Ryan Milcarek | 2017 NEXUS-NY ResearcherEntrepreneur Lead: Ryan Milcarek
Lab Manager at the Combustion and Energy Research Laboratory, and PhD candidate of Mechanical and Aerospace Engineering Syracuse University. Ryan earned a Graduate Research Fellowship from the National Science Foundation and an ASHRAE Graduate Grant-In-Aid, Life Member Club designation. His various publications include Micro-tubular Flame-assisted Fuel Cell Stacks.

Dr. Jeongmin Ahn | 2017 NEXUS-NY ResearcherTechnical Lead: Dr. Jeongmin Ahn
Associate Professor of Mechanical and Aerospace Engineering at Syracuse University, and affiliated with the Combustion and Energy Research Laboratory (COMER). Jeongmin’s current research includes Solid Oxide Fuel Cells (SOFCs). He was elected as Fellow of ASME, and received the Sustainable Aviation Research Society Science Award. He has nearly 200 publications.

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LuX (SUNY Poly) – Thin film crystallization for PV
LuX is developing and commercializing technology to provide highly crystalline, roll-to-roll semiconductor films for photovoltaic and LED industries. This exciting platform technology is adaptable to a range of valuable materials and will disrupt the typical tradeoffs of cost and quality for high throughput manufacturing.

Graeme Housser | 2017 NEXUS-NY ResearcherEntrepreneur Lead: Graeme Housser
PhD candidate at SUNY Polytechnic Institute’s Colleges of Nanoscale Science and Engineering. Graeme is also a Graduate Student Intern at U.S. Photovoltaic Manufacturing Consortium (PVMC). Prior to this, he was a Site Engineer at Suncor Energy. His several publications include Demonstration of PV Modules with Lightweight Mounting Systems on Commercial Rooftops.

 

Technical Lead: Shane McMahon
Phd Candidate and Research Assistant at SUNY Polytechnic Institute’s Colleges of Nanoscale Science and Engineering. Shane received the Presidential Scholar Honorary Alumni Speaker award at Siena College (2016) and a $500,000 NYSERDA Bench to Prototype Grant (2015). Shane’s publications include Textured (111) Crystalline Silicon Thin Film Growth on Flexible Glass by E-beam Evaporation.

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MicroEra Power (RIT Venture Creations) – Combined SOFC/IC engine system for distributed power generation
MicroEra Power is developing a highly efficient Enhanced Generator System, combining a natural gas engine and solid oxide fuel cell (SOFC). MicroEra Power envisions an energy management platform to provide backup power generation, peak-shaving, Demand Response, and the efficiency benefits of combined heat and power (CHP), and combined heat and cooling power (CHCP).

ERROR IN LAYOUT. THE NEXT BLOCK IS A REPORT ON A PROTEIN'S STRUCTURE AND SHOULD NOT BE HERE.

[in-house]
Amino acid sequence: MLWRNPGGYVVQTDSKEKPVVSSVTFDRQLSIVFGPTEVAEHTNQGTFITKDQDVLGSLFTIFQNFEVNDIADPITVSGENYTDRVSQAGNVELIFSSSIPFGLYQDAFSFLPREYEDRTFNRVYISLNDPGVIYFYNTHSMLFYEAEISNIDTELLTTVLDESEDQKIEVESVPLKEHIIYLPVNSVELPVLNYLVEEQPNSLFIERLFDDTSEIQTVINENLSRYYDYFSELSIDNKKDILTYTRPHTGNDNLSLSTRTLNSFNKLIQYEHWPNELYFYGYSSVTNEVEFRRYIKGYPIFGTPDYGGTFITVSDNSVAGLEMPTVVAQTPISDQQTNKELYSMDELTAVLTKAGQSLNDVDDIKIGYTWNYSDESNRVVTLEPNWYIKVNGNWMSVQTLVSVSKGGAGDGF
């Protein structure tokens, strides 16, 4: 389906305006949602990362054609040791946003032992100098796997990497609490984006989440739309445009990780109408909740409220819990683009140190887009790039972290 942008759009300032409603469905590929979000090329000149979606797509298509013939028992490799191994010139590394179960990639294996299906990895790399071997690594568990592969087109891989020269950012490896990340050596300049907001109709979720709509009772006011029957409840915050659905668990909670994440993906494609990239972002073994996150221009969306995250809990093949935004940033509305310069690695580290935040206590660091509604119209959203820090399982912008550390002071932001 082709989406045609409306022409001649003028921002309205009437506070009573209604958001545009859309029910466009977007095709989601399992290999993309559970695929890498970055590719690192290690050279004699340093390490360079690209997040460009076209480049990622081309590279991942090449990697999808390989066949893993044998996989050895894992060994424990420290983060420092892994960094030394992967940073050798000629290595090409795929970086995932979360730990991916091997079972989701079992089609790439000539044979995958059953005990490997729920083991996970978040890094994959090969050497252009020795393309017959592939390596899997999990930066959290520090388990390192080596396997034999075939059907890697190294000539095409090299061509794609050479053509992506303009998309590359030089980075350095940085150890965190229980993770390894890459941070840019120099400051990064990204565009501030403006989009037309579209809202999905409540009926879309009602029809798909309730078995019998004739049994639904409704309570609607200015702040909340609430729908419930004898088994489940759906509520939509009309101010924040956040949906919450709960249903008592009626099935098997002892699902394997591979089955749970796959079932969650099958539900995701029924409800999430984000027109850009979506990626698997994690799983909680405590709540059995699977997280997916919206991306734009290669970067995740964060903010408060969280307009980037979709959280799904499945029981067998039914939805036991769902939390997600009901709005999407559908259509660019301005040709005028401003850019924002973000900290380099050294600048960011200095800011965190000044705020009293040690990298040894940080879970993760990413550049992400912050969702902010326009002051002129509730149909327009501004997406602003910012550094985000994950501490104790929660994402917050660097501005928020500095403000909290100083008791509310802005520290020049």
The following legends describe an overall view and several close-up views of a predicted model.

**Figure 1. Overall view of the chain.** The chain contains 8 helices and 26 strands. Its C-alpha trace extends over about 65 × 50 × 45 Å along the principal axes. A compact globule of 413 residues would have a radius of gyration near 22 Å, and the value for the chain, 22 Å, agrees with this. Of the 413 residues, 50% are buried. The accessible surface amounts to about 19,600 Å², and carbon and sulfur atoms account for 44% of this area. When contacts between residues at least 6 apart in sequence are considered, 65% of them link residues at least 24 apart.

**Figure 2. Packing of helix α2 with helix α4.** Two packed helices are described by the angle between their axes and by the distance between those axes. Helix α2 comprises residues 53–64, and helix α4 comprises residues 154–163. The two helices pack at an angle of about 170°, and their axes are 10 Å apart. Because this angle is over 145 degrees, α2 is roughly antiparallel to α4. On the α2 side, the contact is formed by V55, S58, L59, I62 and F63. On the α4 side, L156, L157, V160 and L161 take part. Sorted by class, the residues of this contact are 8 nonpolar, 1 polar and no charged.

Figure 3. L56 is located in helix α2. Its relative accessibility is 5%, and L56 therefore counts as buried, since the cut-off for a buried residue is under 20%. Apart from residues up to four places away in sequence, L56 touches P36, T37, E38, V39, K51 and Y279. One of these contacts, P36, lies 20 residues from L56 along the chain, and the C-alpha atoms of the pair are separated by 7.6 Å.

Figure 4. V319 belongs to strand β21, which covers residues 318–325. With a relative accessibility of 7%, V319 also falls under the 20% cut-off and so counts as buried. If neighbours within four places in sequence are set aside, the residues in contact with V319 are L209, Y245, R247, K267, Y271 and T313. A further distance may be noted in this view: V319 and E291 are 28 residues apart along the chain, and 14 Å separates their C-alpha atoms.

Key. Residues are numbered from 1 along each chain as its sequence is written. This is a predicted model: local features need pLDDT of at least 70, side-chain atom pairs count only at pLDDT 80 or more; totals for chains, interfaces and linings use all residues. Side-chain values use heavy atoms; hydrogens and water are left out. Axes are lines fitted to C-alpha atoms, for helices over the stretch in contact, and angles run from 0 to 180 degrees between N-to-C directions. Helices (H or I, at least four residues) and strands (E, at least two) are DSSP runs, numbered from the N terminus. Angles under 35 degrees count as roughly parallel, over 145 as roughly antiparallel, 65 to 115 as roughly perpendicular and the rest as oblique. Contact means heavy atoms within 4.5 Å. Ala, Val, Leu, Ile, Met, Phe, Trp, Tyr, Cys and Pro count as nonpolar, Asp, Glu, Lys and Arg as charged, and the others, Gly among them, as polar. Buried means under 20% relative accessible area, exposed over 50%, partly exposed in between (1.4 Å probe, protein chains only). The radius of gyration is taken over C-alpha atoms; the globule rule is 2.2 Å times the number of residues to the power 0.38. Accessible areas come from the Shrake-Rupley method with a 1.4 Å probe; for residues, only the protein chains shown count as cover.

Eleanor Rusling | 2017 NEXUS-NY ResearchersEntrepreneur Lead: Eleanor “Ellie” Rusling
CEO of MicroEra Power, housed in RIT’s Venture Creations Incubator. Board Member of Highland Hospital Foundation, Secretary of AHEAD Energy, 501c3 and Exec. Director of their Clean Energy Commercialization Center. As an experienced entrepreneur, Ellie has skills in technologies to market, grant writing, and investor relations. BA from Smith College and MS from the University of Rochester.

James Grieve | 2017 NEXUS-NY ResearcherTechnical Lead: M. James Grieve
CTO of MicroEra Power and Chairman of AHEAD Energy, 501c3. He is also a Board Member of the NH3 Fuel Association. James was a Chief Scientist for Delphi Corporation, and a Powertrain Systems Engineer for General Motors. He has 30 years of automotive engineering experience with emission controls, engine management systems, solid oxide fuel cells (SOFC), hybrid vehicles and alternative fuels. James received his MBA from IESE Business School. He is named on over 40 patents.

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Printed Solar (RIT) – Solution Processed Solar Cells
Printed Solar is developing a fully solution processed photovoltaic device that can be scalably manufactured using roll-to-roll techniques. Their solar cells outperform silicon in low light, enabling them to provide sufficient energy for low power electronic devices in ambient conditions.

Dmitry Liapitch | 2017 NEXUS-NY ResearcherEntrepreneur Lead: Dmitry Liapitch
Dmitry received a Master of Engineering from the Rochester Institute of Technology. He is now pursuing a Master of Science from the Golisano Institute for Sustainability. Dmitry is also a professional Physics tutor and a former Research Fellow with the National Wildlife Federation. He was a finalist in RIT’s Tiger Tank in 2016 for his proposal on WoW Energy Systems.

 

James Sinka | 2017 NEXUS-NY ResearcherTechnical Lead: James Sinka
James is a materials scientist and entrepreneur specializing in perovskite photovoltaics with deep interests in sensing technology. He is pursuing a Bachelor’s Degree in Chemistry from the Rochester Institute of Technology. Projects include The Characterization of Novel Donor Materials for OPV by Cyclic Voltammetry, which reveals the electric potentials at which an analyte is oxidized and reduced.

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SelfArray (RPI) – Directed self-assembly tech for LED & PV